Eleven plays, all dealing with modern life, have been published. Here is the list: “A Doll’s House”, “Ghosts”, “An Enemy of the People”, “The Wild Duck”, “Rosmersholm”, “The Lady from the Sea”, “Hedda Gabler”, “The Master Builder”, “Little Eyolf”, “John Gabriel Borkman”, and lastly — his new drama, published at Copenhagen, December 19th, 1899 — “When We Dead Awaken”. This play is already in process of translation into almost a dozen different languages — a fact which speaks volumes for the power of its author. The drama is written in prose, and is in three acts.

To begin an account of a play of Ibsen’s is surely no easy matter. The subject is, in one way, so confined, and, in another way, so vast. It is safe to predict that nine-tenths of the notices of this play will open in some such way as the following:

‘Arnold Rubek and his wife, Maja, have been married for four years, at the beginning of the play. Their union is, however, unhappy. Each is discontented with the other.’

So far as this goes, it is unimpeachable; but then it does not go very far. It does not convey even the most shadowy notion of the relations between Professor Rubek and his wife. It is a bald, clerkly version of countless, indefinable complexities. It is as though the history of a tragic life were to be written down rudely in two columns, one for the pros and the other for the cons. It is only saying what is literally true, to say that, in the three acts of the drama, there has been stated all that is essential to the drama. There is from first to last hardly a superfluous word or phrase.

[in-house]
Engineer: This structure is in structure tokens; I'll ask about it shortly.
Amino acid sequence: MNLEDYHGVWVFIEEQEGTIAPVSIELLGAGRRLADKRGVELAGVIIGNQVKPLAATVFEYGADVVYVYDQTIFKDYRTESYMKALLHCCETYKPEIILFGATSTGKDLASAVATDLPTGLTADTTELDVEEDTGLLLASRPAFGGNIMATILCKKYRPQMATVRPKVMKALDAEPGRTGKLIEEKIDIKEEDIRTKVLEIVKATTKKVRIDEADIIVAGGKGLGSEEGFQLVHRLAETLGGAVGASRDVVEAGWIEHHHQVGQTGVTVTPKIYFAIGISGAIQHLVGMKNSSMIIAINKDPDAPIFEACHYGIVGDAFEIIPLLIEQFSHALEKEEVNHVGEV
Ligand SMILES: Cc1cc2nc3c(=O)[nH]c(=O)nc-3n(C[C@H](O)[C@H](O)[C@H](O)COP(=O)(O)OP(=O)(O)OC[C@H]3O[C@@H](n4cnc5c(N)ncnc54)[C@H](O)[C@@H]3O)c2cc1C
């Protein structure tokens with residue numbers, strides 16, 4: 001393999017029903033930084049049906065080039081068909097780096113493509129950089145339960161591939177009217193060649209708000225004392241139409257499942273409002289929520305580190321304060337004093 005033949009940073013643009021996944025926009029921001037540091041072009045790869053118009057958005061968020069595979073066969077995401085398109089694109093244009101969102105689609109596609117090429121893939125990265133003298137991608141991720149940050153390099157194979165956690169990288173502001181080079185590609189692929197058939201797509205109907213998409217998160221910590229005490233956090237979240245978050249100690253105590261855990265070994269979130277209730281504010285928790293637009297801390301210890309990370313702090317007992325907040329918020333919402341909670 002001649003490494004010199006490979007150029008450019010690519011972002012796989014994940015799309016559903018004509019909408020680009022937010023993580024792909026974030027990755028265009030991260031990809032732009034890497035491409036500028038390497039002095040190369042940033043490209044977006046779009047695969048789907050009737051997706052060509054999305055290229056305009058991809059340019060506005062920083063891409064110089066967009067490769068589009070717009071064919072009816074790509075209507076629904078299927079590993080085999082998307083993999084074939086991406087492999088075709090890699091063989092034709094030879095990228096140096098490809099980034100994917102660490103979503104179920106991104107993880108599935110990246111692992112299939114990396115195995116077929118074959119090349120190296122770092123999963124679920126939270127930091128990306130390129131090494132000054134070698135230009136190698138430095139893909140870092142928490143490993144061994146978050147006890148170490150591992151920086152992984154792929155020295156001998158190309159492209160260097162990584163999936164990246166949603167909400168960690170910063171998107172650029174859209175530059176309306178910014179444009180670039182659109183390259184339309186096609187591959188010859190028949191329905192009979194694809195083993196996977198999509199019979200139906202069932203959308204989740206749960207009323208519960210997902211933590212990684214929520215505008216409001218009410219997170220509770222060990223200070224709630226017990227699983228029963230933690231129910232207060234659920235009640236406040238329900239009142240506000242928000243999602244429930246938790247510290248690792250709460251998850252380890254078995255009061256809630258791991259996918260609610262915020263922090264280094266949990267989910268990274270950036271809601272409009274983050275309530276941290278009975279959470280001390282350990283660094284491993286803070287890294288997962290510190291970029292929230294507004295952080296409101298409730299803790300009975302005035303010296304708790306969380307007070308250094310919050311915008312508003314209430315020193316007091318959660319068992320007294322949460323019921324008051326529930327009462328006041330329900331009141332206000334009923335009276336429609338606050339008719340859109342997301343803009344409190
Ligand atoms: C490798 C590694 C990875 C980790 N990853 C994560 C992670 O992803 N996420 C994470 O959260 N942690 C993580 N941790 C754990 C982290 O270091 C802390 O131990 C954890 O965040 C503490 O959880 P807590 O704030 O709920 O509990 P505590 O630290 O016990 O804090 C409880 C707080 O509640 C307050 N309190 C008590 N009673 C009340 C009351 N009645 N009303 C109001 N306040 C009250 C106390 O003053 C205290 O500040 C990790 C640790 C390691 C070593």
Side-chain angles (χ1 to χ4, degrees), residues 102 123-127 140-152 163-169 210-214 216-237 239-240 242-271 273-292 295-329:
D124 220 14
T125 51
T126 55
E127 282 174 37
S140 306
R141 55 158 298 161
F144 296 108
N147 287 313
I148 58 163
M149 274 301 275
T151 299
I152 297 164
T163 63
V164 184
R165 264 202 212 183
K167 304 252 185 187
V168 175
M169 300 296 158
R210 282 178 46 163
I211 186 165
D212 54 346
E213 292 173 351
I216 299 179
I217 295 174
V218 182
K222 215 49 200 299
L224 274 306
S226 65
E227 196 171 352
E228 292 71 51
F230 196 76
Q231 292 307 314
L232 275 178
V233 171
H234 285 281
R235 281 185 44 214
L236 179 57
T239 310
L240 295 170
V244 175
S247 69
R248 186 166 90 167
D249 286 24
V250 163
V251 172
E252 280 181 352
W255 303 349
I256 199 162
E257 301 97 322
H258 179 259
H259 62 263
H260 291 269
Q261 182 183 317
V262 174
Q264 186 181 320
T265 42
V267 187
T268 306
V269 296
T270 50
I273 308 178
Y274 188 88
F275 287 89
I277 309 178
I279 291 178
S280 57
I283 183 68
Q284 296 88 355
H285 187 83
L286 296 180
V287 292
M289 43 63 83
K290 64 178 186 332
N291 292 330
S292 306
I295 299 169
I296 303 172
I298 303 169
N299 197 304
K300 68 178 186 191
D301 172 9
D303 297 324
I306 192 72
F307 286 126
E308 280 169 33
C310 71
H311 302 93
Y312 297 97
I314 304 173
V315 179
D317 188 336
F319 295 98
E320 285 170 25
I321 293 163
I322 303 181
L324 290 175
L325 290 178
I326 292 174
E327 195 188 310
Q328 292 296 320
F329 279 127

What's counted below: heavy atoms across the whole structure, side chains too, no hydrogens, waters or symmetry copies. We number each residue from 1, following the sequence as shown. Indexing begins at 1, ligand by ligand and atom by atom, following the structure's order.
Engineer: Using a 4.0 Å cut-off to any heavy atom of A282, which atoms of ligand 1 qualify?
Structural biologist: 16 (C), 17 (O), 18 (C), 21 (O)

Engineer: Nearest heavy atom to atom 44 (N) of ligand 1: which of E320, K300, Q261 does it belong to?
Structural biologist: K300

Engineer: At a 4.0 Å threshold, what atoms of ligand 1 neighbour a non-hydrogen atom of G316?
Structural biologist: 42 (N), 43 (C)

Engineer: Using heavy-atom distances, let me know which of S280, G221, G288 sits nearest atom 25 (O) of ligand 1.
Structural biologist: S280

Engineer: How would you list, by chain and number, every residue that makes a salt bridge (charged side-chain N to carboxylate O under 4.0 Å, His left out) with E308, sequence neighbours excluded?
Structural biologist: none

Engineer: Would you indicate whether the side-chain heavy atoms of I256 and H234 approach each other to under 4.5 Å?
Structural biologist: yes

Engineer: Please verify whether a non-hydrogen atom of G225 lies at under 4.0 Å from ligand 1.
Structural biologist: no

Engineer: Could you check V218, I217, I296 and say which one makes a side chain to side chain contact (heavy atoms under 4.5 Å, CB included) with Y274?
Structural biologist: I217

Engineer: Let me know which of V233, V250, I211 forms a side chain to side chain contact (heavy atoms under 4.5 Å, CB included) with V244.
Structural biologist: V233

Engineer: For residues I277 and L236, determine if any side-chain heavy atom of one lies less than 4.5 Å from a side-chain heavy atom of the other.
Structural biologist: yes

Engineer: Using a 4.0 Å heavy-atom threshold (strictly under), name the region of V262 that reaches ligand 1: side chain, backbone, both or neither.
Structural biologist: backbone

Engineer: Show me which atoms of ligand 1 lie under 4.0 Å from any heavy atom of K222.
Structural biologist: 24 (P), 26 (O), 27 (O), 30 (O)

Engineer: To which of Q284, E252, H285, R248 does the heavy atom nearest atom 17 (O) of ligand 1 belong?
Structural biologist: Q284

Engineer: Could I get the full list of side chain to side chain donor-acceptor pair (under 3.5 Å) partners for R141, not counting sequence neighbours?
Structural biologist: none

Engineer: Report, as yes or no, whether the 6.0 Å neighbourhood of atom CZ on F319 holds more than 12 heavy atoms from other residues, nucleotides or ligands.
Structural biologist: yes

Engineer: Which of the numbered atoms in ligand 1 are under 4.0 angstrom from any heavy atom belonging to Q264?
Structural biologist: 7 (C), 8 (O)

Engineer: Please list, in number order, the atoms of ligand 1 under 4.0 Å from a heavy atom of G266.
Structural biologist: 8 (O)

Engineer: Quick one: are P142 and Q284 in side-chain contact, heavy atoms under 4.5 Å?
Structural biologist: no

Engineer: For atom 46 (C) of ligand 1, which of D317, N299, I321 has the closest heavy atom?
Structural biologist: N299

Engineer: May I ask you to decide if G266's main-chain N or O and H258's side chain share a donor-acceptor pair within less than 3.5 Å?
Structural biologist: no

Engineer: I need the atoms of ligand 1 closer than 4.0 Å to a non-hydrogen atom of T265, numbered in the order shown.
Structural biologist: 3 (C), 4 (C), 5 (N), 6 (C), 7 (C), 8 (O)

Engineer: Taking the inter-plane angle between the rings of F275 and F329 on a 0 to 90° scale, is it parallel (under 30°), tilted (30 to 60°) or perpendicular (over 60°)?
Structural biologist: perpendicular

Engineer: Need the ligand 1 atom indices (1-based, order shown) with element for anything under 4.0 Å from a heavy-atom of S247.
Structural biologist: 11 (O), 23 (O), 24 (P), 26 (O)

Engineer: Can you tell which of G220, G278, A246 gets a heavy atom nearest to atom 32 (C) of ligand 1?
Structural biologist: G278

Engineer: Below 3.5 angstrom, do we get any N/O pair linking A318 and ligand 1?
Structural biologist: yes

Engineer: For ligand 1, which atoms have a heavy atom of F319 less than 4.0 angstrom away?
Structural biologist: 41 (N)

Therefore, the play itself expresses its own ideas as briefly and as concisely as they can be expressed in the dramatic form. It is manifest, then, that a notice cannot give an adequate notion of the drama. This is not the case with the common lot of plays, to which the fullest justice may be meted out in a very limited number of lines. They are for the most part reheated dishes — unoriginal compositions, cheerfully owlish as to heroic insight, living only in their own candid claptrap — in a word, stagey. The most perfunctory curtness is their fittest meed. But in dealing with the work of a man like Ibsen, the task set the reviewer is truly great enough to sink all his courage. All he can hope to do is to link some of the more salient points together in such a way as to suggest rather than to indicate, the intricacies of the plot.